• You are required to change any text and wording to suit your own needs.
  • We are not liable for your end use of these posts, contents or products.
  • You MUST tailor them to your business to ensure you are legally compliant.
  • Purchase and use of any of our templates, requires you to accept all responsibility for their use, under any circumstances.
  • If you are imposing fines for any of your policies, make sure all your clients know about these in advance. If you change your policies to new ones or change the terms of these policies, also ensure your clients are aware of the new policies you have in place.

Late Arrivals, Cancellations and No Shows

Late Arrivals

Dial down the time you are willing to to wait for a client who is late. You might decide 5 minutes, 15 minutes or 30 minutes is acceptable. If you work client to client with a short interval in-between, you might find 5 minutes is the longest you can wait for a client to arrive. If you work from home, or on your own and have a long lead time between clients, you might decide to give them 15 or 30 minutes. The time you are waiting for a client to arrive, is time you are losing money. Also think about the time you are willing to make you next client wait, if you have someone arriving soon after.

An example statement might include respectfully asking clients to arrive on time for their appointment and outlining arrivals of more than £15 minutes late will result in a cancelled or rescheduled appointment, and a late arrival fee.

Late Cancellations

Late cancellations leaves you with spaces that you cannot fill at short notice and results in reduced earnings for the day. While most businesses can absorb a certain level of late cancellations, it’s reasonable to set out your cancellation policy in advance. If an appointment has been booked for many days/weeks in advance, and is cancelled at short notice, your policy might be different from someone who booked in a last minute slot and cancelled an hour later. Try to work those situations differently where possible.

Think about the time between appointment and cancellation. If you have a 24 hour or 48 hour cancellation policy, it allows clients to cancel close to the appointment time, without charging them. We all understand that life sometimes happens, and our clients have emergencies that require them to reschedule or cancel quite close to the appointment.

In your wording, set out your cancellation policy, ie 24 or 48 hour policy. Also set out your fees chargeable for not cancelling within those timeframes. If it is a same day booking, request notification as close to the appointment as possible. If you set out a cancellation fee, consider how you will collect that. Some businesses will decide to add it to the next appointment if the client books again, and others may allow one or two late cancellations without any fee payable, but will impose it for repeat offenders.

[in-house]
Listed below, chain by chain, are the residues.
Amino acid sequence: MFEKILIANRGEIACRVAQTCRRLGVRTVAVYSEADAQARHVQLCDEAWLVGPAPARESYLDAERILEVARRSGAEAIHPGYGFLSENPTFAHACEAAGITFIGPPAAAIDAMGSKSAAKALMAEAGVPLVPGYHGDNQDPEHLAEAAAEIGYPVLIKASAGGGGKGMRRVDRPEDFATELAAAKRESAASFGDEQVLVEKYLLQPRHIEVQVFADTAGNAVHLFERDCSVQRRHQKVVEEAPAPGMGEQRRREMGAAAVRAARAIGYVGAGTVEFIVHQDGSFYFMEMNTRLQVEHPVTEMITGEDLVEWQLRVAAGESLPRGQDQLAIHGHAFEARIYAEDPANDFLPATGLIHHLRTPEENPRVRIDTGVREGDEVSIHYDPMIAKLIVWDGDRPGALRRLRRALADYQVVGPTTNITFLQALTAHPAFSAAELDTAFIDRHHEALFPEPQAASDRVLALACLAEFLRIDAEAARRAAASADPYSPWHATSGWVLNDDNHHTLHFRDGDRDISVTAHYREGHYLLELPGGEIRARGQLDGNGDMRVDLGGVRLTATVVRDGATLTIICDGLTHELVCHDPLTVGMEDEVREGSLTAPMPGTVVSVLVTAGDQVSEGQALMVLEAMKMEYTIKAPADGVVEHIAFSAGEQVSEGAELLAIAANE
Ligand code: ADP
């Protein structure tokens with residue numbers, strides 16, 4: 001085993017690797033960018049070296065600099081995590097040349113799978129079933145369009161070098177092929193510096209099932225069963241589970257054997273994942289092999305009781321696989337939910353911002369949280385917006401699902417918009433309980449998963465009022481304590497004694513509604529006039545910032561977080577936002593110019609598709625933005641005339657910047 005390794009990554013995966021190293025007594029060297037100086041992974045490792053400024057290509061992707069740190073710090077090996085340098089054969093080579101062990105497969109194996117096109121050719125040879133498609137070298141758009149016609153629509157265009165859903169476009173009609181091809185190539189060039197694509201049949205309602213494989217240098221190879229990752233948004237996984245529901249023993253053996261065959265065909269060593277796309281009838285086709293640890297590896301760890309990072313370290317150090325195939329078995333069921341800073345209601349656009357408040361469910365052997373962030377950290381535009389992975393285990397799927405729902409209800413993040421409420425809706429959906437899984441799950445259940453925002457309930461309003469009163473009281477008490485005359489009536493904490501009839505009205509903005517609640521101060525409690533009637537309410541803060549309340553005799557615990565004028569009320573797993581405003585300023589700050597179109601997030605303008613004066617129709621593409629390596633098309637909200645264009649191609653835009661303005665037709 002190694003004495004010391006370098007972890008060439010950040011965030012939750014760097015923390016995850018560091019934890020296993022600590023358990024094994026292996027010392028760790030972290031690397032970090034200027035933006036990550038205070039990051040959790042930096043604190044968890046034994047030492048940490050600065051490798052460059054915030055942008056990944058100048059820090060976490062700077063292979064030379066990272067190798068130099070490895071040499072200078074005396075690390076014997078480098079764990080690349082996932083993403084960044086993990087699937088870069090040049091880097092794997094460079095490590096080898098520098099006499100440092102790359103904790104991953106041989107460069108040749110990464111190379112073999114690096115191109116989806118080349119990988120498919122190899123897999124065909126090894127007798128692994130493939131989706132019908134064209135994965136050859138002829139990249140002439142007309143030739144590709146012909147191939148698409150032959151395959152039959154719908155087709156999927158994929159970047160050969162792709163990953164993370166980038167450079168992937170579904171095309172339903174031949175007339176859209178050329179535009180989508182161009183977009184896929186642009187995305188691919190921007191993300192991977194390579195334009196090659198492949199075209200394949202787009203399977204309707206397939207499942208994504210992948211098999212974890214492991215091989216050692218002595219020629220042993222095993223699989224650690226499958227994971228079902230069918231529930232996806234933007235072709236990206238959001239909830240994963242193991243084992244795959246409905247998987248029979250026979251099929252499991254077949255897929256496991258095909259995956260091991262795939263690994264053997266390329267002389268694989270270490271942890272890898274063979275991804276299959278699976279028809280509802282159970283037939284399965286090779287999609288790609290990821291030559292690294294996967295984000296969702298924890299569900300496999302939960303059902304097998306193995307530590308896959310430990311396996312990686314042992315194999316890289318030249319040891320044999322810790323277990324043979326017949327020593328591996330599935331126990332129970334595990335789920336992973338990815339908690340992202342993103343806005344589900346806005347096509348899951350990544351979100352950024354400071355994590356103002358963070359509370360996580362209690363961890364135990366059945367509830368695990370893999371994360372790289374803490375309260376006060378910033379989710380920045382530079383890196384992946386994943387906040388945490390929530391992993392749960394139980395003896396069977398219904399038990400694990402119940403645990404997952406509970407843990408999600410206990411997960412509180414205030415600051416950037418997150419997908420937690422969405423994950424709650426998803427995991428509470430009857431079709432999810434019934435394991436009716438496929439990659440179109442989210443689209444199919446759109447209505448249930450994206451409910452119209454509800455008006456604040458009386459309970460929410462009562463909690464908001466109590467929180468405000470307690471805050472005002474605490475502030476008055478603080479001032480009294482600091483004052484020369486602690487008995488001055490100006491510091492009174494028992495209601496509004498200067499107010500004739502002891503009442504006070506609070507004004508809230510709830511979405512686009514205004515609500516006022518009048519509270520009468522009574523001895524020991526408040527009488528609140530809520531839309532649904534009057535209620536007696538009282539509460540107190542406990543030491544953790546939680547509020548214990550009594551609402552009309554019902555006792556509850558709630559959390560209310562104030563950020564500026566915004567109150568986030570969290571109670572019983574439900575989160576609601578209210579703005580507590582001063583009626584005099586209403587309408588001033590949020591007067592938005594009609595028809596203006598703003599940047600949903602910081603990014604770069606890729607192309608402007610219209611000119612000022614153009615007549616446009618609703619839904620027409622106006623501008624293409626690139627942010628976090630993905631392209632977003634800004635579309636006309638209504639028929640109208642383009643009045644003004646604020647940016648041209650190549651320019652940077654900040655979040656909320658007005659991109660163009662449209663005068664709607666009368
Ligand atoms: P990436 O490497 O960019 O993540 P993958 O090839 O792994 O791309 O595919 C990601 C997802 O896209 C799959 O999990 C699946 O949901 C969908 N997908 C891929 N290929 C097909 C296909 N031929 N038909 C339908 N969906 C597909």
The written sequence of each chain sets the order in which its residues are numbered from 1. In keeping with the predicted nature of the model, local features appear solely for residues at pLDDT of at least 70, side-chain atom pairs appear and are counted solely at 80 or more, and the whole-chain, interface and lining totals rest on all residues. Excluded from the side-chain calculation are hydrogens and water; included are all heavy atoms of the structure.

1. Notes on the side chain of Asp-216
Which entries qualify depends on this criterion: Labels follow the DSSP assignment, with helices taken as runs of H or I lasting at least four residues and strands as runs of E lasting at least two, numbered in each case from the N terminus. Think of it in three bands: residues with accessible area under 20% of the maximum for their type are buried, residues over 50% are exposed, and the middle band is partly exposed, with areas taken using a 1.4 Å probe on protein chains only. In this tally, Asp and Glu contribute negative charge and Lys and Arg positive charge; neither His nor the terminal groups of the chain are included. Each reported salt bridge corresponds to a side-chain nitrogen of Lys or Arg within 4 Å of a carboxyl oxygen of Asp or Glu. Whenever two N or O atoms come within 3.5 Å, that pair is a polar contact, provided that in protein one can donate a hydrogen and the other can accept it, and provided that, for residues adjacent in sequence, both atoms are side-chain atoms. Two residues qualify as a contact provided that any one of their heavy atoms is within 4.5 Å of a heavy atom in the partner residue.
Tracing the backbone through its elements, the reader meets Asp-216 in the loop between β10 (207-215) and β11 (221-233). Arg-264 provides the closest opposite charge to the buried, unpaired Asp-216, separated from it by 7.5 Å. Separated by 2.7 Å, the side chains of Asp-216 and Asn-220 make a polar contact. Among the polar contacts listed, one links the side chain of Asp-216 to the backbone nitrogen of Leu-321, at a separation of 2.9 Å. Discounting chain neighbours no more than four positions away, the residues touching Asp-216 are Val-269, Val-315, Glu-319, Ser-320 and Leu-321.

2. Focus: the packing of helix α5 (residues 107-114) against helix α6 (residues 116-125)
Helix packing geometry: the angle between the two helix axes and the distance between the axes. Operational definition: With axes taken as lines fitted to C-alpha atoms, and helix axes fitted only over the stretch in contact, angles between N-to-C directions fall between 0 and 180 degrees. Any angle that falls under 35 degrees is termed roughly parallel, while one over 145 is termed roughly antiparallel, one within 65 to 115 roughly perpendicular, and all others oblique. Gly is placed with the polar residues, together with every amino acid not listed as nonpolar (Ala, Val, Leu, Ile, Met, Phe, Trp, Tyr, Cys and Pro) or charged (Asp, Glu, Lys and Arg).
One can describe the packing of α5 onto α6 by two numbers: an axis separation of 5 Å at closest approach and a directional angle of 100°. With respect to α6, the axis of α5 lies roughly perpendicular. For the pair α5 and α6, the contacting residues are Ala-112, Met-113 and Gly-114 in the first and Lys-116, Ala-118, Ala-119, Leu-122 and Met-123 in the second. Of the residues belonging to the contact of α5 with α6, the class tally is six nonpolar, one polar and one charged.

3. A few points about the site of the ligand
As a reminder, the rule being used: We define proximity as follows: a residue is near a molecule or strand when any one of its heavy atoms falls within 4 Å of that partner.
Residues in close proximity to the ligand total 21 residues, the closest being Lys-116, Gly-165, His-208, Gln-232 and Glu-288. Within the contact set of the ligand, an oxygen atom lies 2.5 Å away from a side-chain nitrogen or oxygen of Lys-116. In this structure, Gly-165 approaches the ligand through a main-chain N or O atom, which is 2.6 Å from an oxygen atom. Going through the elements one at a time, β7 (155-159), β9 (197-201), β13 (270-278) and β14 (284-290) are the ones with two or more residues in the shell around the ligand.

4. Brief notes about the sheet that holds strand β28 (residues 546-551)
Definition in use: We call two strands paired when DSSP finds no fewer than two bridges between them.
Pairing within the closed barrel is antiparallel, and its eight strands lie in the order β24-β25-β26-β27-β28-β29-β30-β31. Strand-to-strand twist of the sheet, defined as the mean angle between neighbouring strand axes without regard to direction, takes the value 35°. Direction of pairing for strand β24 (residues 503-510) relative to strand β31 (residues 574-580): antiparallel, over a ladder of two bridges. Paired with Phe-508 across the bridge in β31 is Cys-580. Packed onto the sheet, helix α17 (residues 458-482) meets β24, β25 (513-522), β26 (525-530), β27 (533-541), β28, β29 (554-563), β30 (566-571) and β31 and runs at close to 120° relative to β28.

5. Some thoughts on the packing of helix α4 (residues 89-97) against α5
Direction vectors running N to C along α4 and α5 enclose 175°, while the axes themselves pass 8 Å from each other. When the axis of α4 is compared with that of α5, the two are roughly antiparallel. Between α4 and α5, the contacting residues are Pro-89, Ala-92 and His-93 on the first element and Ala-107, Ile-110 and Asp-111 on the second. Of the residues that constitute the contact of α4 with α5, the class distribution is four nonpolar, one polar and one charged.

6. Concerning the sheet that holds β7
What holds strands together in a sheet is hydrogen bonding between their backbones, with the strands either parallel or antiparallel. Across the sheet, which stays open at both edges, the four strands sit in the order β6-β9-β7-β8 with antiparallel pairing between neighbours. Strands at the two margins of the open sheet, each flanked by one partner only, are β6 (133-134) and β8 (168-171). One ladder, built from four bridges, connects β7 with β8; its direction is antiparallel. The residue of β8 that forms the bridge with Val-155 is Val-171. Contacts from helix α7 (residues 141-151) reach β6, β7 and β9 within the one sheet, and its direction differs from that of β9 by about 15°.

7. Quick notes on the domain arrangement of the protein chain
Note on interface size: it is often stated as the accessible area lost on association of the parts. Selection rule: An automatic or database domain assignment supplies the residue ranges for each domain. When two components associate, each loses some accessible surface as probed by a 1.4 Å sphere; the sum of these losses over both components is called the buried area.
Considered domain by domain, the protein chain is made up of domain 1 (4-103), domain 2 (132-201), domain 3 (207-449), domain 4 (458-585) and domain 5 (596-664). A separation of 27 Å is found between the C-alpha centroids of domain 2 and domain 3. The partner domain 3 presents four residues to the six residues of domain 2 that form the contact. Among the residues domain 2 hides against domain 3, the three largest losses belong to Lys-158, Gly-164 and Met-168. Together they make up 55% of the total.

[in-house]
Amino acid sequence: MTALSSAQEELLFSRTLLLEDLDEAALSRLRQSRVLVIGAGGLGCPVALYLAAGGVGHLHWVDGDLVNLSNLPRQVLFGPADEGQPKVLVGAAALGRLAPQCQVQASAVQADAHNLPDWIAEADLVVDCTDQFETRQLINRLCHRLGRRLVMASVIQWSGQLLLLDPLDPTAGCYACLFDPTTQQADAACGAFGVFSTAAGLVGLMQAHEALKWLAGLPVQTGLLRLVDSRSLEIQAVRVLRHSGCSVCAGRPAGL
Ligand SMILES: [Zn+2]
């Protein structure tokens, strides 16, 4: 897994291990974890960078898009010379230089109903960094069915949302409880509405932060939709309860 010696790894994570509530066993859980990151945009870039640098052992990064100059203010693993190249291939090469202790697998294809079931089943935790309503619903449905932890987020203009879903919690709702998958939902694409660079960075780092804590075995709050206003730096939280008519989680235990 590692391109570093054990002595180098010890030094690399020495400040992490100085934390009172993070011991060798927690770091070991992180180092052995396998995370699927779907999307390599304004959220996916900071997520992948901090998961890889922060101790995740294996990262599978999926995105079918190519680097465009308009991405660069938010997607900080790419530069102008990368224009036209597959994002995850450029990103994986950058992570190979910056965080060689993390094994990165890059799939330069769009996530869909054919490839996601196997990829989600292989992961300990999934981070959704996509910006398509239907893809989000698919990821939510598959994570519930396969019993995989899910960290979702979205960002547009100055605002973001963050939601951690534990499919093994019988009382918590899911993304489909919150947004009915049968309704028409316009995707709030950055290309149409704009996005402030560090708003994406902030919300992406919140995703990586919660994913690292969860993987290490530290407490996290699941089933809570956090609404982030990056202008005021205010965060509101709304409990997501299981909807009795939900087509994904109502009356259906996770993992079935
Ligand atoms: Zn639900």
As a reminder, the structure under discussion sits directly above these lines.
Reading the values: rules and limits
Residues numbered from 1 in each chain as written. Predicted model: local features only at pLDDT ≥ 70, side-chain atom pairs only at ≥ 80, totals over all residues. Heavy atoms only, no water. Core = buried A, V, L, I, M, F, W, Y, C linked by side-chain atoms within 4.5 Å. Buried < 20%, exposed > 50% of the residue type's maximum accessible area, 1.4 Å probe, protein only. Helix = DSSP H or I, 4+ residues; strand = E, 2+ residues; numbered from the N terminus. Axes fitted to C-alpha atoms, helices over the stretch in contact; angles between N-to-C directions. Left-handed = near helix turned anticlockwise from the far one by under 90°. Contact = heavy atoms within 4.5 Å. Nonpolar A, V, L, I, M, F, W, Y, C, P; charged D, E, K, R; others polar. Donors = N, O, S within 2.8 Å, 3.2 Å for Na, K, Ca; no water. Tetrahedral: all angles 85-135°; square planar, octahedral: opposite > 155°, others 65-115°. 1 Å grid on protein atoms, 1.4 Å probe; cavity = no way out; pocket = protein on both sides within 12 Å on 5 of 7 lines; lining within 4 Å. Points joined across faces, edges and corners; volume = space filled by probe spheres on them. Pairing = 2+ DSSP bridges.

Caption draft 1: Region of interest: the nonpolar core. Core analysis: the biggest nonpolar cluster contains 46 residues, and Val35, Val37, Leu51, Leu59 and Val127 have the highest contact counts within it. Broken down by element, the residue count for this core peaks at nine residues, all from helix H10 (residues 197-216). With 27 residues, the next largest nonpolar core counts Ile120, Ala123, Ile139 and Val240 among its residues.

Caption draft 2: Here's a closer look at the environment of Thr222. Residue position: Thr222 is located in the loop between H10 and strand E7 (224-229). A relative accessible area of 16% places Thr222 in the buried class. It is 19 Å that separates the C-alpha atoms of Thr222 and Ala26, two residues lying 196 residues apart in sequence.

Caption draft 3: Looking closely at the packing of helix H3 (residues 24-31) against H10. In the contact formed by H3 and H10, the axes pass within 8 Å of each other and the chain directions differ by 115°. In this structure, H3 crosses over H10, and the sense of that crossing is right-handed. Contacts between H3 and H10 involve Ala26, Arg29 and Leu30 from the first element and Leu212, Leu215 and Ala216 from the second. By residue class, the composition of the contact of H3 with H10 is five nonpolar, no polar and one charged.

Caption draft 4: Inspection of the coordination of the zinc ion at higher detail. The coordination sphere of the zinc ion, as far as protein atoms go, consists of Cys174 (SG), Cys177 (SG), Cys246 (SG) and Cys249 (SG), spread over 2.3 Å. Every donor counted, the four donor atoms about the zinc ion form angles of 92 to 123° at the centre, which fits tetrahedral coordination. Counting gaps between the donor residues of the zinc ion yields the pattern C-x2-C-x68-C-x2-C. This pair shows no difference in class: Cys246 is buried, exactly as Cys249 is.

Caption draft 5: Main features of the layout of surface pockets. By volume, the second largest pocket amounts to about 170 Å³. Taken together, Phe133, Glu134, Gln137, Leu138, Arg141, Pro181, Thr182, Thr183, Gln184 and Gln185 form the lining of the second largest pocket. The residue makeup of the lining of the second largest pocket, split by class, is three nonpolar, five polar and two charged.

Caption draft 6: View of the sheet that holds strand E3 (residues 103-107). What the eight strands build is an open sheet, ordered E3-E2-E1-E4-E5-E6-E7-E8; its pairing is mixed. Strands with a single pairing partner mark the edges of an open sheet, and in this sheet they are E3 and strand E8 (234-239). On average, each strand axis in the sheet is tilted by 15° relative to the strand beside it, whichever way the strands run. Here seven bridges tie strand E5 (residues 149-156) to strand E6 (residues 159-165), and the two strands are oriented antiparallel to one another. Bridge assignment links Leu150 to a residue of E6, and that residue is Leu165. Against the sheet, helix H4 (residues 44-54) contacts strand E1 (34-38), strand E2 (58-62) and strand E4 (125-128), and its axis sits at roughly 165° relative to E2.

No shows are difficult to work with. Try to remind your clients 24-48 hours before their appointment, to allow them to cancel in time, which might help with client retention. Repeat no shows can affect a business significantly. In these cases, consider a booking fee. You can also outline the fee you will impose as a result of your client not turning up, not cancelling, and offering no explanation for their no show. Some businesses allow one or two no shows, then choose to remove that client from ability to rebook for services.

Patch Test & Health

Patch Test Policy

Every service provider in this industry should have a patch test policy. This comes from a health questionnaire, your insurance requirements and manufacturer recommendations. Wording must always suit your industry. Manufacturers may have recommended patch test requirement that is 48 hours before, but your insurance company may stipulate 24 hours. It is your responsibility to know what is required from both, to decide what your patch test policy will be.

Many insurance providers will require the exact products to be used as a patch test, and any fundamental change in health, including vaccines or having had Covid-19, may require a further patch test required for insurance purposes.

It is not recommended to allow clients to sign a disclaimer as an excuse to avoid a patch test. Your insurance company is very unlikely to accept this.

Your insurance company will also require repeat patch tests after certain time frames. It may be six months, a year or more, so it is wise to check.

Consultation Policy

Every new client to you or your salon, must begin with a health history and consultation. This helps to protect both you and the client. Sometimes, clients wish to have treatments and services that are not safe for them, and by using a consultation, you will be able to find out if it is safe for you to perform that service, or if you will require GP consent, or to modify the treatment to suit. At the beginning of each new appointment, it is important to refer to the health history and check if there are any changes to health, conditions or treatments.

Service Guarantee

This policy outlines your potential route following an unsuccessful treatment. Examples might be a hair colour that turns out green, a perm that does not work, perhaps a lash lift that has no effect, or a nail treatment that is badly performed. For clients who went home with what looks like a satisfactory service, we have to determine if it is a genuine complaint or if the client has not followed their aftercare advice.

Every business and salon will have different ideas and limits of what their service guarantee will cover and how it will be worded.